vSphere Web Client 6.0: working remote via tethering. Bandwidth comparison RDP vs. local Browser

When I first installed vSphere 6.0 I was pretty impressed about the performance gain of the vSphere Web Client. Finally the Web Client is a tool I can work productive with and mustn’t be afraid to be marked as unproductive from my customers (it’s tough to argument a higher hour-rate if I wait 20% of my time for the UI 😉 ).

So my homelab was installed with vSphere 6.0 and I tried to connect to it via VPN from my hotel wifi. Since the wifi was blocking my VPN attempts I was forced to tether/share the internet via my smartphone.

Sharing internet on… starting OpenVPN against my homelab… opened Chrome to use the Web Client and.… the useability with the Web Client 6.0 was really really good.

After a few minutes I received a warning by my provider T-mobile that my data plan has reached the 80% thresholds. I know 500MB included in my data plan is not that much, but still I was really suprised seeing this OpenVPN statistics after a few minutes.

Screen Shot 2015-03-16 at 21.11.54


Since I haven’t used any other services than the vSphere Web Client I wanted to know how much bandwidth working in a local Browser via the Web Client really needs.

I created a test-case (it’s Sunday, weather is bad, Bundesliga is pausing) which should take around 3-4 minutes:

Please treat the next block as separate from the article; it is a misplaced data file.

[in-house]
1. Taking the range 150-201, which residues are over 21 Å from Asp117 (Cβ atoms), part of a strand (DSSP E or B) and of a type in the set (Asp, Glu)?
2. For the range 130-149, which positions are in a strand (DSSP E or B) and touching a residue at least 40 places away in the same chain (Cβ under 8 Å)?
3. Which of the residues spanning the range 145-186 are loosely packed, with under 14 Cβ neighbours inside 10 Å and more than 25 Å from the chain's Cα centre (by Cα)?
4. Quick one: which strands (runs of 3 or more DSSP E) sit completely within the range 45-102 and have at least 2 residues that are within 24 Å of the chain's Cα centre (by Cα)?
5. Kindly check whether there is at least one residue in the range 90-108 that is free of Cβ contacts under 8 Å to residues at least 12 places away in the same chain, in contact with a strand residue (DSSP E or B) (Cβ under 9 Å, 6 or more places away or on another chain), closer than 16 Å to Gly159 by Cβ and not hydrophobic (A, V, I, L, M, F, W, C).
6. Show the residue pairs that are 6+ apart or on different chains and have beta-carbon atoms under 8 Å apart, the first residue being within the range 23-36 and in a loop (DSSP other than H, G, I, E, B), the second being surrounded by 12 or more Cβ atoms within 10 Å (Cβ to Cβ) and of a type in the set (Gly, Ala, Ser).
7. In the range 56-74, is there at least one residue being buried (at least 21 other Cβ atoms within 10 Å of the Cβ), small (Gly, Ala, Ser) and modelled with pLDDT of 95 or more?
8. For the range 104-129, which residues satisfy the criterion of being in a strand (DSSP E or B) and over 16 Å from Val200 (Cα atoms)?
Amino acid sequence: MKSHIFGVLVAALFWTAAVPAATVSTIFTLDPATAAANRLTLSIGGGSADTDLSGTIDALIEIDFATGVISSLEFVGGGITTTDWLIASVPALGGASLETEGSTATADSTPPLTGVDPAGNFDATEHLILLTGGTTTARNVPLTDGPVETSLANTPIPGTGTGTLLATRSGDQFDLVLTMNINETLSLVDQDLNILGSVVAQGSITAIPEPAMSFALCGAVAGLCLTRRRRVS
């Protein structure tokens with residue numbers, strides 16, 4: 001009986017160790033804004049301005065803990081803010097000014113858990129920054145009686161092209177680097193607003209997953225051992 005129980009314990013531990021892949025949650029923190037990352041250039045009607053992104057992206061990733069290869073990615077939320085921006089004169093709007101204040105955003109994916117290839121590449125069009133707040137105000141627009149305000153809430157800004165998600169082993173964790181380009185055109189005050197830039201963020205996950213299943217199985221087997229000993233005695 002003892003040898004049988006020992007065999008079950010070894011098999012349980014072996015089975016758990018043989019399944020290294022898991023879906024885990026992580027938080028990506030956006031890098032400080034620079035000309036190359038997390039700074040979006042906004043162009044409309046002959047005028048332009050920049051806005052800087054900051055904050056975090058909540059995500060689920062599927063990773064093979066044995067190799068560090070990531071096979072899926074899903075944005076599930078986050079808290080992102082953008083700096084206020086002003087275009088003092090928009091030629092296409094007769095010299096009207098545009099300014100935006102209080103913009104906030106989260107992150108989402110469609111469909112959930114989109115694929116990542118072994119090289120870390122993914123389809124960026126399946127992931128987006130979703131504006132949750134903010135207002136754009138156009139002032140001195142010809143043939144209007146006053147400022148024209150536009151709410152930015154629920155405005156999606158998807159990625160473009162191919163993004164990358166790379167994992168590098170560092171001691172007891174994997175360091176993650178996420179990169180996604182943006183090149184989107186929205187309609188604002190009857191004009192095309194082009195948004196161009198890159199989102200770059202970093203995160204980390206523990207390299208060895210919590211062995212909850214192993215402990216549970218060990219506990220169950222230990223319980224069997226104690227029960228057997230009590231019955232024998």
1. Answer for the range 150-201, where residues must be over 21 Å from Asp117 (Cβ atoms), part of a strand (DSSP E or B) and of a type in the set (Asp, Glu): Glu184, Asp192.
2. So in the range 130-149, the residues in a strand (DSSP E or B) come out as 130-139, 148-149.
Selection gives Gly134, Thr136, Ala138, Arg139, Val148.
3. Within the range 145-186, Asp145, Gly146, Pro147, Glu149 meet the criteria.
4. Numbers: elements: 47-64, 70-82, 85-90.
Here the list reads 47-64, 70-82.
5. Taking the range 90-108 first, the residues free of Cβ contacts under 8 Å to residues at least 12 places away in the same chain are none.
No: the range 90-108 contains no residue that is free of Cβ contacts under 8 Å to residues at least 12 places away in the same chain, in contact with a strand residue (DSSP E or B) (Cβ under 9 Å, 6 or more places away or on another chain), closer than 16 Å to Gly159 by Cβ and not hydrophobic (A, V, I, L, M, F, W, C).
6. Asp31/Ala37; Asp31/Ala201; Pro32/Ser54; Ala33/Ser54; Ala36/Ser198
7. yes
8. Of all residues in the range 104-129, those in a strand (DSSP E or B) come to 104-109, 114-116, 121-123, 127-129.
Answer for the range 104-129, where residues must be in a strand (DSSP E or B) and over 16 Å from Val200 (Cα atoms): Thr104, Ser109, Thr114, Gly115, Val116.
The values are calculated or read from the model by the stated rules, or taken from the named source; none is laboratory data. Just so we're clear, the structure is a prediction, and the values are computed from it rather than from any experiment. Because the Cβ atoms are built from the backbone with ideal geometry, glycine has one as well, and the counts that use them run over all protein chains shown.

1. Login to the vCenter via the Web Client
  2. Navigate around in the home menu
  3. Select Hosts and Clusters
  4. Choose an ESXi Host and navigate to Manage / Settings / Networking
  5. View the vSwitch, virtual adapater and physical Nics settings
  6. Go to related Objects and select a datastore
  7. Browse the content of the datastore
  8. Create a new VM with default settings
  9. Power on the VM

I did this test with 2 Browsers Chrome and Firefox (to make sure the results are nearly identical) and observed the results via the activity monitor of MacOS. As a 3rd alternative I have chosen to use a remote connection via Microsoft Remote Desktop (native resolution, 16 Bit color) and did the same test-case steps mentioned above.

Here are the results:

  1. Chrome – duration: <4 minutes, bandwidth: ca. 21 MB
  2. Firefox – duration: < 4 minutes, bandwidth: ca:26 MB
  3. RDP – duration: < 3.5 minutes, bandwidth: ca. 2 MB

Of course there are a lot of factors not considered (high activity on the vCenter that might increase the data most certainly), but the numbers should give you a feeling that the better performance of the Web Client seems to come side by side with a pretty bandwidth sensitive caching on the client side. So if you work with limited bandwidth or any kind of throughput limitation use an RDP connection to a Control-Center VM within your environment that is able to use the Web Client for your daily vSphere operations.


Screen Shot 2015-03-29 at 15.27.18 Screen Shot 2015-03-29 at 15.34.47 Screen Shot 2015-03-29 at 15.38.05